Roy Moore shouldn’t have said it. But he did. Now it’s out there.
The controversial Republican U.S. Senate candidate from Alabama fielded a question earlier this year about American greatness. Someone asked Moore when he thought this country was truly great. He said:
“I think it was great at the time when families were united — even though we had slavery — they cared for one another … our families were strong, our country had a direction.”
Even though we had slavery? Is this fellow suggesting that slavery was part of the formula for greatness?
Why in the name of rhetorical clumsiness did he have to add that qualifier?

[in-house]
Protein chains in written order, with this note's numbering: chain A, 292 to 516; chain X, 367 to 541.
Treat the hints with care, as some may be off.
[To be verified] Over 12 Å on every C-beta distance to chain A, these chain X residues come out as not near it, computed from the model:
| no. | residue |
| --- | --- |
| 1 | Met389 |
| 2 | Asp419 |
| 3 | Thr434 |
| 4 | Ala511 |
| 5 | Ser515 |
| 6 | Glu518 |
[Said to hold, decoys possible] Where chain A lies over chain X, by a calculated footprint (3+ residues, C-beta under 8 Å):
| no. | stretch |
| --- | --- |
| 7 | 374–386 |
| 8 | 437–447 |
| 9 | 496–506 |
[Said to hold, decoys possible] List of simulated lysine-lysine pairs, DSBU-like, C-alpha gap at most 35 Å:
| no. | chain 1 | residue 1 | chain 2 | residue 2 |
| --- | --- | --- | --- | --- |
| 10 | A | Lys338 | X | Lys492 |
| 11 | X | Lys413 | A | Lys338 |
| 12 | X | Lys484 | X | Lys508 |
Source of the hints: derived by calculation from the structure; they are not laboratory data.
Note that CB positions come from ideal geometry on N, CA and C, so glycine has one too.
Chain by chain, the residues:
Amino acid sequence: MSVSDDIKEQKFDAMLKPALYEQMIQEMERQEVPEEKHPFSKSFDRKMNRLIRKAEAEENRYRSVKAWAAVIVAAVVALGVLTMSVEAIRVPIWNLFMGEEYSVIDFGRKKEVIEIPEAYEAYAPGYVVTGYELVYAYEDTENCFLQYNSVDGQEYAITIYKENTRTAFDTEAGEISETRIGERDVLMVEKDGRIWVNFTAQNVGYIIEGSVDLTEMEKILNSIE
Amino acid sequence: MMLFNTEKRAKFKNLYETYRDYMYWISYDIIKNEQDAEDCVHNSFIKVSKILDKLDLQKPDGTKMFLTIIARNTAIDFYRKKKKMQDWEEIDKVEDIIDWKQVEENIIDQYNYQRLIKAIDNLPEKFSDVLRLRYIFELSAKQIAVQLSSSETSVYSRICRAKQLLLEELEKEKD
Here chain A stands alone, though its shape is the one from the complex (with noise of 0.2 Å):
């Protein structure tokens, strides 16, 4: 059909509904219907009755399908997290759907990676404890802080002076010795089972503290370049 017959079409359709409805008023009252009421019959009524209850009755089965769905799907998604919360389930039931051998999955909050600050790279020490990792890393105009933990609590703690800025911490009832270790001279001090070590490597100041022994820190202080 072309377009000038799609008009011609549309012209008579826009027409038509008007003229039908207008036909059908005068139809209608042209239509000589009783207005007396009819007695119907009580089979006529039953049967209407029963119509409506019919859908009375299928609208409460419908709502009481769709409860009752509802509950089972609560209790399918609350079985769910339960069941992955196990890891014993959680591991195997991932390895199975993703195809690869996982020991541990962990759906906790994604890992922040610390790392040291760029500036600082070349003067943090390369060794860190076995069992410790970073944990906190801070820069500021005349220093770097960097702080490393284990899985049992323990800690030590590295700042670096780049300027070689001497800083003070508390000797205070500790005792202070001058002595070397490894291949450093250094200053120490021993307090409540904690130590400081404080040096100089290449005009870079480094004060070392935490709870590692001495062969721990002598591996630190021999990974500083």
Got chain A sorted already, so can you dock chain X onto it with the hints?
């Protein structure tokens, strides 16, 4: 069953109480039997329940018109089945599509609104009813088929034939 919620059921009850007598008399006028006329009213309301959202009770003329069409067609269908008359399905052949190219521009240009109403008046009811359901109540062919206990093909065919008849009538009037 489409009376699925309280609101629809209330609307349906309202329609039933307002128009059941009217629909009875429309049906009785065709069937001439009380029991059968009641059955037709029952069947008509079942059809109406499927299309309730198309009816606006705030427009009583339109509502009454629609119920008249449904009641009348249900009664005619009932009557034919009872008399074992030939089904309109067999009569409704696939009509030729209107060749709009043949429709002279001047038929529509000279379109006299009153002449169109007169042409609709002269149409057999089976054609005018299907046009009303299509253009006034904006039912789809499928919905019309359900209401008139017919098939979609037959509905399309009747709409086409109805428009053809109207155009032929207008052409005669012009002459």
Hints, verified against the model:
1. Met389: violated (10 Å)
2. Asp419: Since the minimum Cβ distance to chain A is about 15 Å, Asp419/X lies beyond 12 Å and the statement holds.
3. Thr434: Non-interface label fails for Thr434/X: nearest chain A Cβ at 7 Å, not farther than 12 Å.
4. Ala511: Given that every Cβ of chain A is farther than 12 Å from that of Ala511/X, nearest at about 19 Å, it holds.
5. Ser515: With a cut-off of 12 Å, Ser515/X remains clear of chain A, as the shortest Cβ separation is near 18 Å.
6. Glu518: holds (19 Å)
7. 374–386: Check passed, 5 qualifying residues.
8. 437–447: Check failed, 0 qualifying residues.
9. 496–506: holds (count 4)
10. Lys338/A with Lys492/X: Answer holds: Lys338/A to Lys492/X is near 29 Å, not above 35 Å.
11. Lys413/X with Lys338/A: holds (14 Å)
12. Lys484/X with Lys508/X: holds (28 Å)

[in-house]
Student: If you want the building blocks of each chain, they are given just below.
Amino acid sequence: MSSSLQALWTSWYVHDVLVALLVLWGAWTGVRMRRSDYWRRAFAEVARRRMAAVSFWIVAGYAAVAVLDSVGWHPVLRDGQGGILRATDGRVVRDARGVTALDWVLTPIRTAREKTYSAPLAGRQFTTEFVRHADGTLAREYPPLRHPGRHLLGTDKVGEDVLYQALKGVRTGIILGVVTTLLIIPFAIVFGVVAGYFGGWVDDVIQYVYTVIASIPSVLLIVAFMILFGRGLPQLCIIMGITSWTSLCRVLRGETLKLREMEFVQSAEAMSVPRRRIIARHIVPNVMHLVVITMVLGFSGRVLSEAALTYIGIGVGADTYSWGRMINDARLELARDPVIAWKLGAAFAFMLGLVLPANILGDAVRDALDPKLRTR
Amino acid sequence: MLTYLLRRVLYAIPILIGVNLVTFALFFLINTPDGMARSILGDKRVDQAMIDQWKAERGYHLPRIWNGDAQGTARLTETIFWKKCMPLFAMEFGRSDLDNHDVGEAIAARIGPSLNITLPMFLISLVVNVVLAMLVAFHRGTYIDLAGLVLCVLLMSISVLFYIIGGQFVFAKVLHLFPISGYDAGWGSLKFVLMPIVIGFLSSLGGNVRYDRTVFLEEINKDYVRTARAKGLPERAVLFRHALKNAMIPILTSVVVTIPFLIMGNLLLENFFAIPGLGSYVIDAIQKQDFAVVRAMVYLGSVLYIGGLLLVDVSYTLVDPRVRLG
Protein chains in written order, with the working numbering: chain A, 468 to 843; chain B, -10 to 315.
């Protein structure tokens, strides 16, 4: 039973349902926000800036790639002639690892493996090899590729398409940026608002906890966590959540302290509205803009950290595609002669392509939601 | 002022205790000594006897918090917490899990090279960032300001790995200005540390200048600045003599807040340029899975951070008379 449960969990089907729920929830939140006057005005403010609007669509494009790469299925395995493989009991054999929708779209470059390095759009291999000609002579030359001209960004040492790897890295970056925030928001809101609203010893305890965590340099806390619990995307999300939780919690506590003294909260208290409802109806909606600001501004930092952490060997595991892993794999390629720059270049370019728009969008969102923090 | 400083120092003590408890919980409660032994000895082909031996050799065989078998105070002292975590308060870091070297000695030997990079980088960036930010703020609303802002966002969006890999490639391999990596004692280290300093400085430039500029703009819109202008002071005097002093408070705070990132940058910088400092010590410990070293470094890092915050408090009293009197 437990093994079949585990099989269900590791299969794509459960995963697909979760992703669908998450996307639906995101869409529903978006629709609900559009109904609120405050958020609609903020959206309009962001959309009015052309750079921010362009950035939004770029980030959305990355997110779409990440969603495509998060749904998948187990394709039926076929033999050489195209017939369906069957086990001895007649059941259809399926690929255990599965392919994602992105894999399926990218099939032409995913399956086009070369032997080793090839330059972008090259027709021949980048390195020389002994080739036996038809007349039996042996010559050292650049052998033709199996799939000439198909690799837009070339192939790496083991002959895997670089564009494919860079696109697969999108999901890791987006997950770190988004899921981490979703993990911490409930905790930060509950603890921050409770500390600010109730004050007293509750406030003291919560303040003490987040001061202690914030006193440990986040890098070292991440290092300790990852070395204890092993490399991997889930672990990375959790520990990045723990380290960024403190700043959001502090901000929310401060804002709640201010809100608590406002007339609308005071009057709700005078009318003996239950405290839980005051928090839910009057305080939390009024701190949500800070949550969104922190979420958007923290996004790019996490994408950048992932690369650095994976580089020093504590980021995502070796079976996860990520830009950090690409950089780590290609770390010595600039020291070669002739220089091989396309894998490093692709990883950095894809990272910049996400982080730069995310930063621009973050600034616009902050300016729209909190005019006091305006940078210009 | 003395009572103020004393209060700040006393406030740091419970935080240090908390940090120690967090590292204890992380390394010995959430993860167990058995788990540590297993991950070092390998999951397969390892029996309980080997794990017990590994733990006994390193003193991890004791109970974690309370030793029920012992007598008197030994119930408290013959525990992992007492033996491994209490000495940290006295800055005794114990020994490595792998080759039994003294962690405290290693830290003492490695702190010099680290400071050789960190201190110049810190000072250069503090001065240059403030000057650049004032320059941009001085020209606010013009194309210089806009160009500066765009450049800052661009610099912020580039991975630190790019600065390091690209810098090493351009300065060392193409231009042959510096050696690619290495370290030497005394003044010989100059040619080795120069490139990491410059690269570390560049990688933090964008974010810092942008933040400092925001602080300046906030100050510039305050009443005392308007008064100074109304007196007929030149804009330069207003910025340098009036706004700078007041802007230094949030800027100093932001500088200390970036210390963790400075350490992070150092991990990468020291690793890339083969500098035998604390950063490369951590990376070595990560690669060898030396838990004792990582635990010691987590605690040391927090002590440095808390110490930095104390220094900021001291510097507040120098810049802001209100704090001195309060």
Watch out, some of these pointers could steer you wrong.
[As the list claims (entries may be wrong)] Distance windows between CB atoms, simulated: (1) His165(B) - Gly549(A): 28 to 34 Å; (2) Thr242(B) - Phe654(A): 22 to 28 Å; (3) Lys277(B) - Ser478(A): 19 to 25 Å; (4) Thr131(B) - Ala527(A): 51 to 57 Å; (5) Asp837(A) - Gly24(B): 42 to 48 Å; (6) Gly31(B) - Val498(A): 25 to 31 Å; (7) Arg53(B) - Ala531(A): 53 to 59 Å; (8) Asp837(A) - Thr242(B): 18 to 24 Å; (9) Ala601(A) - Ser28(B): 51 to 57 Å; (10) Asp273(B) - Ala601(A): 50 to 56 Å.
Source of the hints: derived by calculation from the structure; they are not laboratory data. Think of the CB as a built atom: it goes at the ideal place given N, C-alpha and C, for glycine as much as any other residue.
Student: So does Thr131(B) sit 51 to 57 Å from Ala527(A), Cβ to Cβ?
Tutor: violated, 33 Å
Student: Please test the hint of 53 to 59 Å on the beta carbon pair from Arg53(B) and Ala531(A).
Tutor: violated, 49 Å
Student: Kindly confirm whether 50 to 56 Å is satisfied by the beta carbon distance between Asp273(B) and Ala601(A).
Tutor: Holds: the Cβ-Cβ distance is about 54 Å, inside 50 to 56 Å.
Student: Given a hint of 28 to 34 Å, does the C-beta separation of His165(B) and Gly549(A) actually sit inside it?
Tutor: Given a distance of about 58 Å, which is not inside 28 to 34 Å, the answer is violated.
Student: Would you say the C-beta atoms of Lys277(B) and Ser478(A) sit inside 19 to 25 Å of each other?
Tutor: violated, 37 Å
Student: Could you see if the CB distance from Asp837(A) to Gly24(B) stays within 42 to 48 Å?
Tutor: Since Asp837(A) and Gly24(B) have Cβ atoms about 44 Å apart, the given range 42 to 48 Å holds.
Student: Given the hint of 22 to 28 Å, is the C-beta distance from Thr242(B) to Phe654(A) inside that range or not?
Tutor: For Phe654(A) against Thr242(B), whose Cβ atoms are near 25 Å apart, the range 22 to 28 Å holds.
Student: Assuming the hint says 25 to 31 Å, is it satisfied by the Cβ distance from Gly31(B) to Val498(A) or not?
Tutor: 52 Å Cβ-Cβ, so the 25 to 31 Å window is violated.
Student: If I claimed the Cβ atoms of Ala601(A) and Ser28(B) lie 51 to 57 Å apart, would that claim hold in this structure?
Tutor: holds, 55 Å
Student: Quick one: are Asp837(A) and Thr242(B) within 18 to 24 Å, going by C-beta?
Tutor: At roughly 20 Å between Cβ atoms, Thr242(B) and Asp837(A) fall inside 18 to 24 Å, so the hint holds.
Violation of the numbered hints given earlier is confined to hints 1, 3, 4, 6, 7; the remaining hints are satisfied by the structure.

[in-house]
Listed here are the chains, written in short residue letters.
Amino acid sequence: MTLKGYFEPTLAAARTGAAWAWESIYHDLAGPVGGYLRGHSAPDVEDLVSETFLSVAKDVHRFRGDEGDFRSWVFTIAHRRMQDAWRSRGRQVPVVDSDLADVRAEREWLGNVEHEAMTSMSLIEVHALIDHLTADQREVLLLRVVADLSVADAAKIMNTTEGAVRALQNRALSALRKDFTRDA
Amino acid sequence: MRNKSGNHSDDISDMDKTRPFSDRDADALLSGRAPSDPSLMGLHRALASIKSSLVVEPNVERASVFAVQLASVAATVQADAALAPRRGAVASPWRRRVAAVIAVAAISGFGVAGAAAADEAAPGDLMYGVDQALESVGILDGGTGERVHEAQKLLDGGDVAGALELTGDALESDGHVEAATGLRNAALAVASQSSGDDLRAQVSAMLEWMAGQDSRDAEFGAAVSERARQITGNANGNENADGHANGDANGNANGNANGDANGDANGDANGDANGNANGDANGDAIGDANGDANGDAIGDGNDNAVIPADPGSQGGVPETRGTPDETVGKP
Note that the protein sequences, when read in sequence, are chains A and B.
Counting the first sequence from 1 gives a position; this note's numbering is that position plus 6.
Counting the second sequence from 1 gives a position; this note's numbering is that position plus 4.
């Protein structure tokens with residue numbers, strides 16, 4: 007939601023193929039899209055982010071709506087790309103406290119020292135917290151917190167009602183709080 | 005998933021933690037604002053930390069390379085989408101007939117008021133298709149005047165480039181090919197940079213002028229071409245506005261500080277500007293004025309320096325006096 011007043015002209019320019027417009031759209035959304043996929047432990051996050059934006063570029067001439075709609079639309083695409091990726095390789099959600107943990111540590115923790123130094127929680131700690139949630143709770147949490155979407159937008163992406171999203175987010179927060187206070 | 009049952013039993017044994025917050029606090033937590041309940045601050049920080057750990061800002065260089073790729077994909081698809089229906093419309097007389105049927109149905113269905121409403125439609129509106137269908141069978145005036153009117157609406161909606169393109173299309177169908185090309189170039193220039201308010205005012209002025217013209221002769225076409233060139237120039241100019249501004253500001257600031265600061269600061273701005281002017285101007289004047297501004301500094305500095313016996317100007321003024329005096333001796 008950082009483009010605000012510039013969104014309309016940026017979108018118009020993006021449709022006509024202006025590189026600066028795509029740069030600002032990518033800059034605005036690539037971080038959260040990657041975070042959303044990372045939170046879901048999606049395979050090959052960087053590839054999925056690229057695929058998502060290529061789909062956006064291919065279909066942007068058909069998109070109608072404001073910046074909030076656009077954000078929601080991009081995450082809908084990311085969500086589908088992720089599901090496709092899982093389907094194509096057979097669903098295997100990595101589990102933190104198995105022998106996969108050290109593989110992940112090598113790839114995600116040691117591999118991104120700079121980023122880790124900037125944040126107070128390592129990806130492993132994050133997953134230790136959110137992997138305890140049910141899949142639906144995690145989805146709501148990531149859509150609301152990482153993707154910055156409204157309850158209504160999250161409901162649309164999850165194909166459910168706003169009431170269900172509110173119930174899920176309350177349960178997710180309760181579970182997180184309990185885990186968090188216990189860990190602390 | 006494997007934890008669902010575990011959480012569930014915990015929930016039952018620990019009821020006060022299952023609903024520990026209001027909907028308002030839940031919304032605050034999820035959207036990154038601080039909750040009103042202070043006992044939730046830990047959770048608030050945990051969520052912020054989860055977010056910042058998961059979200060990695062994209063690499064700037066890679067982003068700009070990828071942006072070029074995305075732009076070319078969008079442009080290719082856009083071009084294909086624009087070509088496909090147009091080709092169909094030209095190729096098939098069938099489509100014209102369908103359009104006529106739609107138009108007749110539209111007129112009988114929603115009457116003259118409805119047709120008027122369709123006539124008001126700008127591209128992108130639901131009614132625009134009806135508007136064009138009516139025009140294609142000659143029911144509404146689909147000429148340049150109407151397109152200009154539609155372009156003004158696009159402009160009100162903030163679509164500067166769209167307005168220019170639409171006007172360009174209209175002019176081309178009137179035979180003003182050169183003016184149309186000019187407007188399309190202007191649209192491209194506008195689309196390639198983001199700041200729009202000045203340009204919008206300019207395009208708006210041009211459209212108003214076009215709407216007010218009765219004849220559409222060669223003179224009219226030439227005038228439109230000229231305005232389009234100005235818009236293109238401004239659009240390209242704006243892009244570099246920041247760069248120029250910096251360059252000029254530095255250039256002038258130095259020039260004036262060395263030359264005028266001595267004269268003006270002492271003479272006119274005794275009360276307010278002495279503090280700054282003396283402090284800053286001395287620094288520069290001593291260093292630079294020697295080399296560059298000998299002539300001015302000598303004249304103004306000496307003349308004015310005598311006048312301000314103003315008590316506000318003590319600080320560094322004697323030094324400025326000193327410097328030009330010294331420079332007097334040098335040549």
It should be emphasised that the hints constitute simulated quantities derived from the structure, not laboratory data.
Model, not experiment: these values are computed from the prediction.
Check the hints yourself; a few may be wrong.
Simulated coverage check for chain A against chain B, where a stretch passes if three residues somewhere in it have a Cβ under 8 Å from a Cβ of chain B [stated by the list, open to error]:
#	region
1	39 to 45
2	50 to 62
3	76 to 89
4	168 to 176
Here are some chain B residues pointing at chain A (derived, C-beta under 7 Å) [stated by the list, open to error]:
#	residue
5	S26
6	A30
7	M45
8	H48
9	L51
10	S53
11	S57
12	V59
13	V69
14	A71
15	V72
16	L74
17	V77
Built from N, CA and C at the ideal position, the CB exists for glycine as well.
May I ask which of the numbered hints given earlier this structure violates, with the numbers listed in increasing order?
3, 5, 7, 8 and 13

As I look at his statement, the candidate — who’s also been accused of sexual misconduct with children — could have omitted the slavery reference altogether. He didn’t. He tossed it out there.
From my standpoint, the notion that this nation would allow the level of human bondage and captivity that it did prior to the Civil War is a mark of supreme condemnation. It never — ever! — should be included in a discussion of American “greatness.”
American greatness effectively began when African-Americans were emancipated, freed from the hideous bondage of slavery.
This is yet another reason why Alabama voters should reject this man’s candidacy for an important public office.